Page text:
Corn Milling Company Officials Sentenced to Federal Prison for Their Role in Deadly Explosion that Killed Five Workers
Remarks as Prepared
Thank you, Assistant Attorney General Todd Kim, for inviting me to this Earth Day event. It is an honor to work in partnership with you to advance the cause of environmental justice. As you noted, every person should have access to clean water and clean air, for themselves and their children. And access to healthier natural resources and spaces should not be selectively available to only the most privileged people in our nation.
We know well that this is a critically important environmental issue. It is also a civil rights issue. Today, communities of color disproportionately bear the brunt of health problems and other types of harm caused by pollution and inadequate infrastructure. Nationally, Black Americans are 75% more likely than other Americans to live in a fence-line community near hazardous waste. They are exposed to 1.5 times as much air pollution. This is why advancing environmental justice through enforcement of our nation’s civil rights laws is a top priority for the Justice Department.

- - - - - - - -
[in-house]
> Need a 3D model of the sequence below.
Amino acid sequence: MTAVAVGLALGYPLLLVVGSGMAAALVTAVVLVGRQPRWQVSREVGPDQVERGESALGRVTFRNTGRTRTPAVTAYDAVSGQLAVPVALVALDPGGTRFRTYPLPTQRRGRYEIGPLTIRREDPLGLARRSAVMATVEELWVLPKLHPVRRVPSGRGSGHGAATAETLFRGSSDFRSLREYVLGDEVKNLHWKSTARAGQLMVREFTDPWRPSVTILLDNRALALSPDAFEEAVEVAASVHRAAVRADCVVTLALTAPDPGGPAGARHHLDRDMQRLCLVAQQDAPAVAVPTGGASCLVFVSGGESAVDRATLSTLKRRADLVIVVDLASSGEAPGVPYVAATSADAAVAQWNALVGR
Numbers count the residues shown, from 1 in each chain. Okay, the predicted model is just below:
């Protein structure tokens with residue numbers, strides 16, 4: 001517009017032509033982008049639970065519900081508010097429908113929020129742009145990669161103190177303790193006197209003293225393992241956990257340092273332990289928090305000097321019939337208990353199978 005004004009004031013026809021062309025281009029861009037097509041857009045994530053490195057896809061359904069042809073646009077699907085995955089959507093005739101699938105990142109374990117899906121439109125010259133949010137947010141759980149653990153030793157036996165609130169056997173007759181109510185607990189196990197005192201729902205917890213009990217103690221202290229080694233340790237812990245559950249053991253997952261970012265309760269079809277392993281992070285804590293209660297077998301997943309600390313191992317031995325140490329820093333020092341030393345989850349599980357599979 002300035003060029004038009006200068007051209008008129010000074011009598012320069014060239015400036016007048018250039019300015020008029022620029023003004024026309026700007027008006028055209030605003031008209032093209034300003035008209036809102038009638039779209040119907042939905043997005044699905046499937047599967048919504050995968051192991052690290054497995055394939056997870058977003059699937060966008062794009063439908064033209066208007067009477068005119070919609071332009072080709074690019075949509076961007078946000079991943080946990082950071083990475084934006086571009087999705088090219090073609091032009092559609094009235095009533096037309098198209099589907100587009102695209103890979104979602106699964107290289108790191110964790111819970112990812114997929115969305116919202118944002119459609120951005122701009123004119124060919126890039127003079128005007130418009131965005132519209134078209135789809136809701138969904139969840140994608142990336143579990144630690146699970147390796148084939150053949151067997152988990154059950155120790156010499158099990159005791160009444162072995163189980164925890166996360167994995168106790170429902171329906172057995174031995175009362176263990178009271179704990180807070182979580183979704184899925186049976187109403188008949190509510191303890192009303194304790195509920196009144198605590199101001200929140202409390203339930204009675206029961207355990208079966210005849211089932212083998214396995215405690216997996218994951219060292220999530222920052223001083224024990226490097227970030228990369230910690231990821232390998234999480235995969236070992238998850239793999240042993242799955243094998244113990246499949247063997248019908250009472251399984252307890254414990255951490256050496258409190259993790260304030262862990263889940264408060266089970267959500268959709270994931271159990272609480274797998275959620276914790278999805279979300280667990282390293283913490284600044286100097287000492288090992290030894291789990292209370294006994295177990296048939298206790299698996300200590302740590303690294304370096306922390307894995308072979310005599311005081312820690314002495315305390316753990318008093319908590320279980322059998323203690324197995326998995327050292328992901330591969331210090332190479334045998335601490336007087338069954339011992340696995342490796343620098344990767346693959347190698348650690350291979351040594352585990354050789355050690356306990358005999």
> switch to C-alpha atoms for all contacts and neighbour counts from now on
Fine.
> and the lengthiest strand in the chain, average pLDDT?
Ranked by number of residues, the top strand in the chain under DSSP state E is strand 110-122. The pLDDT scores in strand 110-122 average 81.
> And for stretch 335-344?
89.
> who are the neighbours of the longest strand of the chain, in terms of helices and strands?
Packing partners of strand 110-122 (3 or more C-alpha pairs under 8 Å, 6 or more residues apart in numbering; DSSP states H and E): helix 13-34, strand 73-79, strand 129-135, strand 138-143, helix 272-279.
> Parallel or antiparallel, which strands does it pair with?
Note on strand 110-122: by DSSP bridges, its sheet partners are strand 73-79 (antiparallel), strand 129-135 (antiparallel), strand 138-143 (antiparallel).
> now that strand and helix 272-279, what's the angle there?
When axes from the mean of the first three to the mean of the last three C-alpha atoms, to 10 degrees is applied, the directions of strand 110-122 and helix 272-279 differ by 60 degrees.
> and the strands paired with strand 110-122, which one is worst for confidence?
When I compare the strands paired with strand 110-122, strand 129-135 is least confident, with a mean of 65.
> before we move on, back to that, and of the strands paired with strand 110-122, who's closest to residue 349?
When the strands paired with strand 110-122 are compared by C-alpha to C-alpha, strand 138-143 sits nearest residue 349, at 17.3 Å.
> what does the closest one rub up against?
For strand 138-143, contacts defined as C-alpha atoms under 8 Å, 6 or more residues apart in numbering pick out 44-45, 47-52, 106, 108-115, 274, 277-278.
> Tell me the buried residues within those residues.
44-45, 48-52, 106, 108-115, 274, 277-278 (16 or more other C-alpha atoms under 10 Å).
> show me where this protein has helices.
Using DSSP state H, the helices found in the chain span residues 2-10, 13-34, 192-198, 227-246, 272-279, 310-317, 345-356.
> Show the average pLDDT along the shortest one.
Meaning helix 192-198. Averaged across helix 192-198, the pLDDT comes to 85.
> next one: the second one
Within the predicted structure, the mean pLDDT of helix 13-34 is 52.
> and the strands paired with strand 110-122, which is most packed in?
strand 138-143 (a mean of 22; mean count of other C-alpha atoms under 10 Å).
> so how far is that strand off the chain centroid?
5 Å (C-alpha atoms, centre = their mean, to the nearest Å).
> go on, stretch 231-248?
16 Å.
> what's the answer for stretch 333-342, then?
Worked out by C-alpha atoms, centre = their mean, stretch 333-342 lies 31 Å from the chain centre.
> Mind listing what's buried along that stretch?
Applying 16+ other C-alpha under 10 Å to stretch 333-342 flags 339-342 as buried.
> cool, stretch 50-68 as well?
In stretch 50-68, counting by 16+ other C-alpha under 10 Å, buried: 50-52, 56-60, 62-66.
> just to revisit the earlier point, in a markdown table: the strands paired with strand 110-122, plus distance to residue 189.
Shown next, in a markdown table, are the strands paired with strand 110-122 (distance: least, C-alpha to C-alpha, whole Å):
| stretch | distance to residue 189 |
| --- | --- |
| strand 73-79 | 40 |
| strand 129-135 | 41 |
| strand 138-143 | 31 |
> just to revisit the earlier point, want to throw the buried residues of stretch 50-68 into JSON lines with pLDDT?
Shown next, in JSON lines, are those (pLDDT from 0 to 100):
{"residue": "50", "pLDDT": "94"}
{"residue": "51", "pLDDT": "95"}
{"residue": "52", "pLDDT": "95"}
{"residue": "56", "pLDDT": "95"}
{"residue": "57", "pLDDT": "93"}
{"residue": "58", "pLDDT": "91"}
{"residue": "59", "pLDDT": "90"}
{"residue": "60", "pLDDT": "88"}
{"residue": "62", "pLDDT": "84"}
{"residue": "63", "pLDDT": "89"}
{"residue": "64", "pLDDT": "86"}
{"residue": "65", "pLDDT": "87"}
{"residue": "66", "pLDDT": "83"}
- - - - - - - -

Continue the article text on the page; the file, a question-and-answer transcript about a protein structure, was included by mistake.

When it comes to environmental justice, we know that disparities exist from communities that stretch between California and New York, and from Washington, D.C. down to Alabama. That’s why we are putting laws like Title VI of the Civil Rights Act of 1964 to work. Title VI prohibits recipients of federal funds from discriminating on the basis of race, color or national origin, and from administering programs in any manner that results in a discriminatory impact or in discriminatory treatment. Last year, we launched an investigation into whether the Public Health Departments of Alabama and Lowndes County, Alabama, have engaged in unlawful racial discrimination.
Lowndes County lies between Selma and Montgomery in an area that has historically been called the “Black Belt.” Lowndes County residents are predominantly Black and low-income, with a median household income of roughly $30,000. Many of these residents do not have access to the municipal sewer system or septic systems, and we are investigating the state and county’s operations, policies and practices related to wastewater disposal and sanitation. This investigation marked the Department of Justice’s first Title VI environmental justice investigation.
The Civil Rights Division is committed to standing in partnership with the Environmental and Natural Resources Division to use our federal laws to confront our country’s legacy of environmental injustice. I thank you all for the work that you do every day to advance the ideals of environmental justice, and look forward to continuing the fight for justice and equity in all communities across this county.